The issue of transferring has been in the news recently. Originally it was NCAA sports stars increasing their transfer rate for a better opportunity. Now the focus has shifted to International students. These students need to find a way to stay in the country if their original college has 100% of its classes online. Colleges and Universities now need improve their marketing to transfer students.
In 2018, Princeton University only accepted a total of 13 transfer students. This was the first time in almost 30 years that the institution had reinstated a transfer program, or even accepted transfer students at all. This public viewed the move positively. It opened the doors to smart, talented students who might’ve first enrolled into community college due to financial constraints. It also improved the diversity on campus, making it more reflective of the broader American Public.
This change in enrollment policy represents a trend that is growing in popularity throughout higher education institutions. Colleges are now focusing on capturing the attention of transfer students.
Colleges have been facing enrollment issues in the past few years. The number of high school graduates is projected to decline which in turn affects enrollment numbers. A variety of factors cause the trend, including a stronger economies in the past 6 years. It pushes students to seek jobs rather than pursue college degrees.
Schools face an increased competition for international students. These students have been widely accepted as cash cows. They usually afford full tuition which helps subsidize the cost for students who can’t. But trends have shown international students choosing to go to other countries altogether, such as Canada or Australia. These schools can provide them with a similar or equal education, as well as the same college experience they seek from American institutions. The increasingly restrictive views and policies on Immigration in the United States aren’t helping either. Prospective students choose to study in countries with more inclusive immigration policies.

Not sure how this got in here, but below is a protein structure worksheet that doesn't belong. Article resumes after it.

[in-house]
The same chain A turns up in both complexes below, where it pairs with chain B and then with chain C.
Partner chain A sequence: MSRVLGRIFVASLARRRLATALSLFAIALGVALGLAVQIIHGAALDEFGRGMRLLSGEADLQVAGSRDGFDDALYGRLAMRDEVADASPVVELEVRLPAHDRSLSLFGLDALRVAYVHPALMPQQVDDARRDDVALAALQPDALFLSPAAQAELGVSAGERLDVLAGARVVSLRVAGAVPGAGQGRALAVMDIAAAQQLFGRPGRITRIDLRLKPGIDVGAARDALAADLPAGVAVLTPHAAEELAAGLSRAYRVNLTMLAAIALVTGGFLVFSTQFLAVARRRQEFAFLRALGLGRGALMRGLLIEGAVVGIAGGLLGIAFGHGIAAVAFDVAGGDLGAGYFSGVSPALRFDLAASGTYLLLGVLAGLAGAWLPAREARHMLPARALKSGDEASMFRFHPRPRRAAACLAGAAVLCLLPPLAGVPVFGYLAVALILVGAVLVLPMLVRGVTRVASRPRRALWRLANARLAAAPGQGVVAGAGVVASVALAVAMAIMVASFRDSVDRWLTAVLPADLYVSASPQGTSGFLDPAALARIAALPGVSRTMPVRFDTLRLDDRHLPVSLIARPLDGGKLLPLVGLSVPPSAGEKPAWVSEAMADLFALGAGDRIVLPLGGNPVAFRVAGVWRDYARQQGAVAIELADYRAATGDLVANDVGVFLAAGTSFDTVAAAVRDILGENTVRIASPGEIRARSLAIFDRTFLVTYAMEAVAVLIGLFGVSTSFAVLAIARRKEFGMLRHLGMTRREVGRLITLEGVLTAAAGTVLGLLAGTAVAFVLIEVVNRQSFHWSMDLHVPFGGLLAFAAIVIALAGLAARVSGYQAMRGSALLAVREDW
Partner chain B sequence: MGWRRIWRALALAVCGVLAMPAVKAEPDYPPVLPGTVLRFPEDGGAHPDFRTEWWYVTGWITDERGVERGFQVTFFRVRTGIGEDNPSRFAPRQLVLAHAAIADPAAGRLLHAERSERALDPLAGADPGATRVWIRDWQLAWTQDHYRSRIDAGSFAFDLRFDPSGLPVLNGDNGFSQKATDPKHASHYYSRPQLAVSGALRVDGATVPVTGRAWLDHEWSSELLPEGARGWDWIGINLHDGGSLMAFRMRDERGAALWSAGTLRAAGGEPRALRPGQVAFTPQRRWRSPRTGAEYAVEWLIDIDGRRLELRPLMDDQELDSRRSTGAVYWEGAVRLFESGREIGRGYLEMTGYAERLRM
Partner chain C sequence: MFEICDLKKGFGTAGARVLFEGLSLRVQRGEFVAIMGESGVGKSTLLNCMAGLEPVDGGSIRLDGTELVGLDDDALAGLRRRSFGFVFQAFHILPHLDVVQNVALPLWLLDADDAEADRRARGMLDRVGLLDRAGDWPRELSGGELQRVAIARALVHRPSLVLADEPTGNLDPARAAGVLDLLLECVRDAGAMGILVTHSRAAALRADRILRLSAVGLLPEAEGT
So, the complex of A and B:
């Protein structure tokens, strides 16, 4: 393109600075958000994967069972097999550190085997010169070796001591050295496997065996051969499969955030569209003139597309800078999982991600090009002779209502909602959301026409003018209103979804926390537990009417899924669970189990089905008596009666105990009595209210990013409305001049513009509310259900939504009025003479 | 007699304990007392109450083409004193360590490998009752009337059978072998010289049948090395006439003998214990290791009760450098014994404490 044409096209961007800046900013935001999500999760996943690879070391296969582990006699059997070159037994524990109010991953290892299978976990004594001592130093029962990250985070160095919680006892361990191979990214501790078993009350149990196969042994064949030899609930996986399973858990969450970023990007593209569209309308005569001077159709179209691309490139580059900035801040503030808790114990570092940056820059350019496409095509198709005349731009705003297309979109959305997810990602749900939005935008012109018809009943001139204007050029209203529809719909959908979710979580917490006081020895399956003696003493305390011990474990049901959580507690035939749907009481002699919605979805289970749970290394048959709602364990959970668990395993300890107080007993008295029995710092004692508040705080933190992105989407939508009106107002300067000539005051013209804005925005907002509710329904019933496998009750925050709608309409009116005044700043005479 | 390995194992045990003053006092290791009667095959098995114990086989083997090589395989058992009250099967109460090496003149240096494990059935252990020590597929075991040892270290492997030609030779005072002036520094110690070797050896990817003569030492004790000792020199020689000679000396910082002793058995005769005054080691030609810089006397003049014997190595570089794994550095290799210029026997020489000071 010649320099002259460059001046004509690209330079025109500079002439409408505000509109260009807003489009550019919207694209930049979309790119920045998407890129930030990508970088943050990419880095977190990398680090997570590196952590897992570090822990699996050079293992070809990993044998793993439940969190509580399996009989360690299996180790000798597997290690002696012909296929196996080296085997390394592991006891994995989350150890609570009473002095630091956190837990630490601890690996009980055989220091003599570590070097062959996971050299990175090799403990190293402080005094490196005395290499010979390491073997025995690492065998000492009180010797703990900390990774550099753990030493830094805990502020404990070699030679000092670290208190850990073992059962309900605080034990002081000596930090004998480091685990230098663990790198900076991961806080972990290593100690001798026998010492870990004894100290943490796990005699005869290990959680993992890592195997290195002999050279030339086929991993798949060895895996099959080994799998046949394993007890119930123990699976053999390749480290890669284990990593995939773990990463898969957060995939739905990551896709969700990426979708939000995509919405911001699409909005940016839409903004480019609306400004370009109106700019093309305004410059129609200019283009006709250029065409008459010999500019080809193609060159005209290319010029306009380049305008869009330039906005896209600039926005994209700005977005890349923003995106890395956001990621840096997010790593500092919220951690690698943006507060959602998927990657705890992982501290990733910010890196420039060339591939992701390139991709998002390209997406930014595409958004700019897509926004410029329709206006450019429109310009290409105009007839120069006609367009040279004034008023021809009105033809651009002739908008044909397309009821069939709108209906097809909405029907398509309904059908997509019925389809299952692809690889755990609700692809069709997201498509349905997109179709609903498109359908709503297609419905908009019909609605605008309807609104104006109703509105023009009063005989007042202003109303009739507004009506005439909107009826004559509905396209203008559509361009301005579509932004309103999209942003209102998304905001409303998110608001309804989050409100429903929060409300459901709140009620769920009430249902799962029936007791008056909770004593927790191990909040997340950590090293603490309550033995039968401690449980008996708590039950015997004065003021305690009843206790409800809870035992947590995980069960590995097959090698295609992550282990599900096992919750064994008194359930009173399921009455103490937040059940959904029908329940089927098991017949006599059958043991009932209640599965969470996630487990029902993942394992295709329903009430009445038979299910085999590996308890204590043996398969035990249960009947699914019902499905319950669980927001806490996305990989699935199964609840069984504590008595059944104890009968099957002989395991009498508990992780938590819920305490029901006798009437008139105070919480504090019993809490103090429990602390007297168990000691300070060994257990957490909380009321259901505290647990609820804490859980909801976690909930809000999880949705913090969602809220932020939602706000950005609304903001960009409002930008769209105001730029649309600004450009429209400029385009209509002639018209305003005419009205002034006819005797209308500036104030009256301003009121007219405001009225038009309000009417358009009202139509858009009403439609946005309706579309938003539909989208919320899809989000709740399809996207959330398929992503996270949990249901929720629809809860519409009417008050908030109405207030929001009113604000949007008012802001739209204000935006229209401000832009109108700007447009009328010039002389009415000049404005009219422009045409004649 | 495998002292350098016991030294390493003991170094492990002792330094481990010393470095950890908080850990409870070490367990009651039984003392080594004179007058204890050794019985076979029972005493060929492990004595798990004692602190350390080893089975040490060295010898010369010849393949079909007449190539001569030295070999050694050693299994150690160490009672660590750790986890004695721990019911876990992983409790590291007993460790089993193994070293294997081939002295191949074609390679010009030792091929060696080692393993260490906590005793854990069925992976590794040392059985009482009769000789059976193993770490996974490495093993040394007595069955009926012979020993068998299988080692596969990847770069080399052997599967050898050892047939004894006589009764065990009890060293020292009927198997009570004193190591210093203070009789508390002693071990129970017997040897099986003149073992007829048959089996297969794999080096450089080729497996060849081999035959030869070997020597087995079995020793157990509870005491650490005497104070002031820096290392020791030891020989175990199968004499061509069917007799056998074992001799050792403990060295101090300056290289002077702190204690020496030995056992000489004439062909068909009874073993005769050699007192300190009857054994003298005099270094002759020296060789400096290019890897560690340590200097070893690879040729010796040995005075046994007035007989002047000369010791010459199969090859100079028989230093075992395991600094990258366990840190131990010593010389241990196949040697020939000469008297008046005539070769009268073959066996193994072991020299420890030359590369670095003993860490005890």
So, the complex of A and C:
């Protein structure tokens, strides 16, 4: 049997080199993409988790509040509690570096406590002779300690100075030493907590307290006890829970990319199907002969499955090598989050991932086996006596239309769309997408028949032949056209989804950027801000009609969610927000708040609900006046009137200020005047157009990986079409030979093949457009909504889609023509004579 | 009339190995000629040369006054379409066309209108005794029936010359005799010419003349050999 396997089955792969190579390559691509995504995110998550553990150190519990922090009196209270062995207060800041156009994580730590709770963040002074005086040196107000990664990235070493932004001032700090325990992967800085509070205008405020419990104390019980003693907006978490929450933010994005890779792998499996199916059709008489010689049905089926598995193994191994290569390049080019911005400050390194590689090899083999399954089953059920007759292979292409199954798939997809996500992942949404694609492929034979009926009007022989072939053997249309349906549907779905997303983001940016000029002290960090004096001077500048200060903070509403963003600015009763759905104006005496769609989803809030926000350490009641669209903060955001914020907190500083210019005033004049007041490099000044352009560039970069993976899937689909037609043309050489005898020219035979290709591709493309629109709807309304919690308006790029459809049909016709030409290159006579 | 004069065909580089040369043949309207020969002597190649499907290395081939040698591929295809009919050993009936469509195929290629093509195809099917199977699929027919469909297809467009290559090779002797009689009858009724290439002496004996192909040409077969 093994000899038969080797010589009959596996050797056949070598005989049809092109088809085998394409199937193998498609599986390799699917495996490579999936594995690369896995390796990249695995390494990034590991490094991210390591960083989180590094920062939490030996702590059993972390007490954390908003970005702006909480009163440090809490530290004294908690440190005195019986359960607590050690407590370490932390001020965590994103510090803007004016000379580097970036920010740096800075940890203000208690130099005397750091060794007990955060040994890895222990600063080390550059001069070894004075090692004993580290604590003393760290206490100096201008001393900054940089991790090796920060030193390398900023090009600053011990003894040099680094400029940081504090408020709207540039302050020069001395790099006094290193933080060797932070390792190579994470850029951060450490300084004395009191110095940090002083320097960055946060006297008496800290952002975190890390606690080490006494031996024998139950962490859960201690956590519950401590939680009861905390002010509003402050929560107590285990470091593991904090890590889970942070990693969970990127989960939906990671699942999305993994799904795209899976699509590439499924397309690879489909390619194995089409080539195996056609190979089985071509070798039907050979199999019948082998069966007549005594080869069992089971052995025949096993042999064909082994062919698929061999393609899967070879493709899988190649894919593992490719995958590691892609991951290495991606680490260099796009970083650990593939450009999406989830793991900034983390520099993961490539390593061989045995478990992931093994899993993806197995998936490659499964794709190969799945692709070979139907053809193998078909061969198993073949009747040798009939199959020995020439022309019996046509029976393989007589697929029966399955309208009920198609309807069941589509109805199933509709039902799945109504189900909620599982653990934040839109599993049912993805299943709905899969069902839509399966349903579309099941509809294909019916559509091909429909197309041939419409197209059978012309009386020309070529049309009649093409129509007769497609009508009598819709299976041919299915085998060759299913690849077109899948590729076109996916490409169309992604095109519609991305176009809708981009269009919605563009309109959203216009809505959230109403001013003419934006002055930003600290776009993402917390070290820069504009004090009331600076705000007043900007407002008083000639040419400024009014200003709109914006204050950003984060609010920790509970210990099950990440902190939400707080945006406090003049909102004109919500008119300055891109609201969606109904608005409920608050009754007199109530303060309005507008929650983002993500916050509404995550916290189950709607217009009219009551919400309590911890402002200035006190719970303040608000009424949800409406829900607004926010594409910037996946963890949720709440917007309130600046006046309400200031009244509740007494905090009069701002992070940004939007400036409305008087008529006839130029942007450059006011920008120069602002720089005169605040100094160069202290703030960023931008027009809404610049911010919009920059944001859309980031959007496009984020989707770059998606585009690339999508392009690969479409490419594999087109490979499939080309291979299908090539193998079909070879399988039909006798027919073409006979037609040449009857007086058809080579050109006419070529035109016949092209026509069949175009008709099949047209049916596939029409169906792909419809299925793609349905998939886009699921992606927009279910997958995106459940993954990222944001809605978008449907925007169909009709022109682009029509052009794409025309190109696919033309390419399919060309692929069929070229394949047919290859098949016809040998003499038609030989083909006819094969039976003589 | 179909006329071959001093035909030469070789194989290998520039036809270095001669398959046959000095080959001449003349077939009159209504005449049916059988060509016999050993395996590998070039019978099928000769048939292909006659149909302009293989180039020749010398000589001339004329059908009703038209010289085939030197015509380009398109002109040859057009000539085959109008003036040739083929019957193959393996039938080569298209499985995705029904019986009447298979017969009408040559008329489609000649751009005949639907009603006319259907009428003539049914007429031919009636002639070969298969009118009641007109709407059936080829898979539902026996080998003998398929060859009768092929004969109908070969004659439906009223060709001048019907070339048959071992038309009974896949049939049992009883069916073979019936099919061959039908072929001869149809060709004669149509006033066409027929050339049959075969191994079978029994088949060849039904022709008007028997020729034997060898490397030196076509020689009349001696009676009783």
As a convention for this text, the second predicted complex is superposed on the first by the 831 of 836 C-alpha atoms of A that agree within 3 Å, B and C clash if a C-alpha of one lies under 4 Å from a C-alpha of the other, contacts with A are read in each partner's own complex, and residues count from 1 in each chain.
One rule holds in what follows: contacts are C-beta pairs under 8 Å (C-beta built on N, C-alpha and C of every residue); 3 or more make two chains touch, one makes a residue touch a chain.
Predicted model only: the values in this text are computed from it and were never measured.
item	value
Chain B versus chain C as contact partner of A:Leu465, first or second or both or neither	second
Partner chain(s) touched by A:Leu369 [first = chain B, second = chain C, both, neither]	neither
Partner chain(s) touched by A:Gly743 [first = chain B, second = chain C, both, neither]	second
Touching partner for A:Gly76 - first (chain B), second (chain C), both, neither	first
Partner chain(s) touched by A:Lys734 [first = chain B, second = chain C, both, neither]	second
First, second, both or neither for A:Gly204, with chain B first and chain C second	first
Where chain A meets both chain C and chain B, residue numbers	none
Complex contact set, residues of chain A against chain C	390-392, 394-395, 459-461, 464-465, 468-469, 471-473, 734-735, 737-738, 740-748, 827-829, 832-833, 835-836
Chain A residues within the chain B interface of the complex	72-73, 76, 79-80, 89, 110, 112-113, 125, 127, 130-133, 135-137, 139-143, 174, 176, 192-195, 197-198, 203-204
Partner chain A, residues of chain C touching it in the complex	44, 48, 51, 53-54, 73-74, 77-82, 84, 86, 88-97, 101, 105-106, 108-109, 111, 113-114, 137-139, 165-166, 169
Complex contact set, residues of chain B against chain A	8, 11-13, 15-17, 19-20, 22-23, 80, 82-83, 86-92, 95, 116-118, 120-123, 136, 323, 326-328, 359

With a smaller pool of possible applicants, colleges must focus on transfer students to fill out their enrollment spots.
The Pandemic Threat
This year’s Covid-19 pandemic shook up the entire world. In regard to higher education, students who once planned to attend their dream school, have had to reconsider their plans. Many students have had to reevaluate their financials after their parents lost their jobs or had hours temporarily cut due to Covid-19. This means they have opted to go to state colleges or schools closer to home since it’s cheaper.
Students also don’t know if classes will be online or in person. With university tuition prices not lowering to reflect the difference in education quality, current and prospective students now consider attending community colleges to gain credit while they wait for things to normalize.
It is likely that colleges who have a dual enrollment program, such as the University of Oregon. They allow students to take classes at the nearby community colleges will have more success in these times. Students are allowed to take a certain number of credits at the nearby community colleges at lower rates, and to seamlessly transfer them to their curriculums at the University of Oregon.
Not all schools offer programs like the University of Oregon. For colleges to be successful at retaining as many students as possible, and to attract more transfer students, they need to fix their transfer credit system. As many as four in ten transfer students do not receive transfer credits at all, with many of those credits not being accepted which puts them into deeper debt.
Colleges are relying more than ever on transfer students to maintain their numbers and prestige, and it only makes sense for colleges to do right by their students. With transfer students in demand, we should see more accommodating and competitive programs for transferring, which would greatly help students struggling through these times. Universities need to step up their efforts in marketing to transfer students.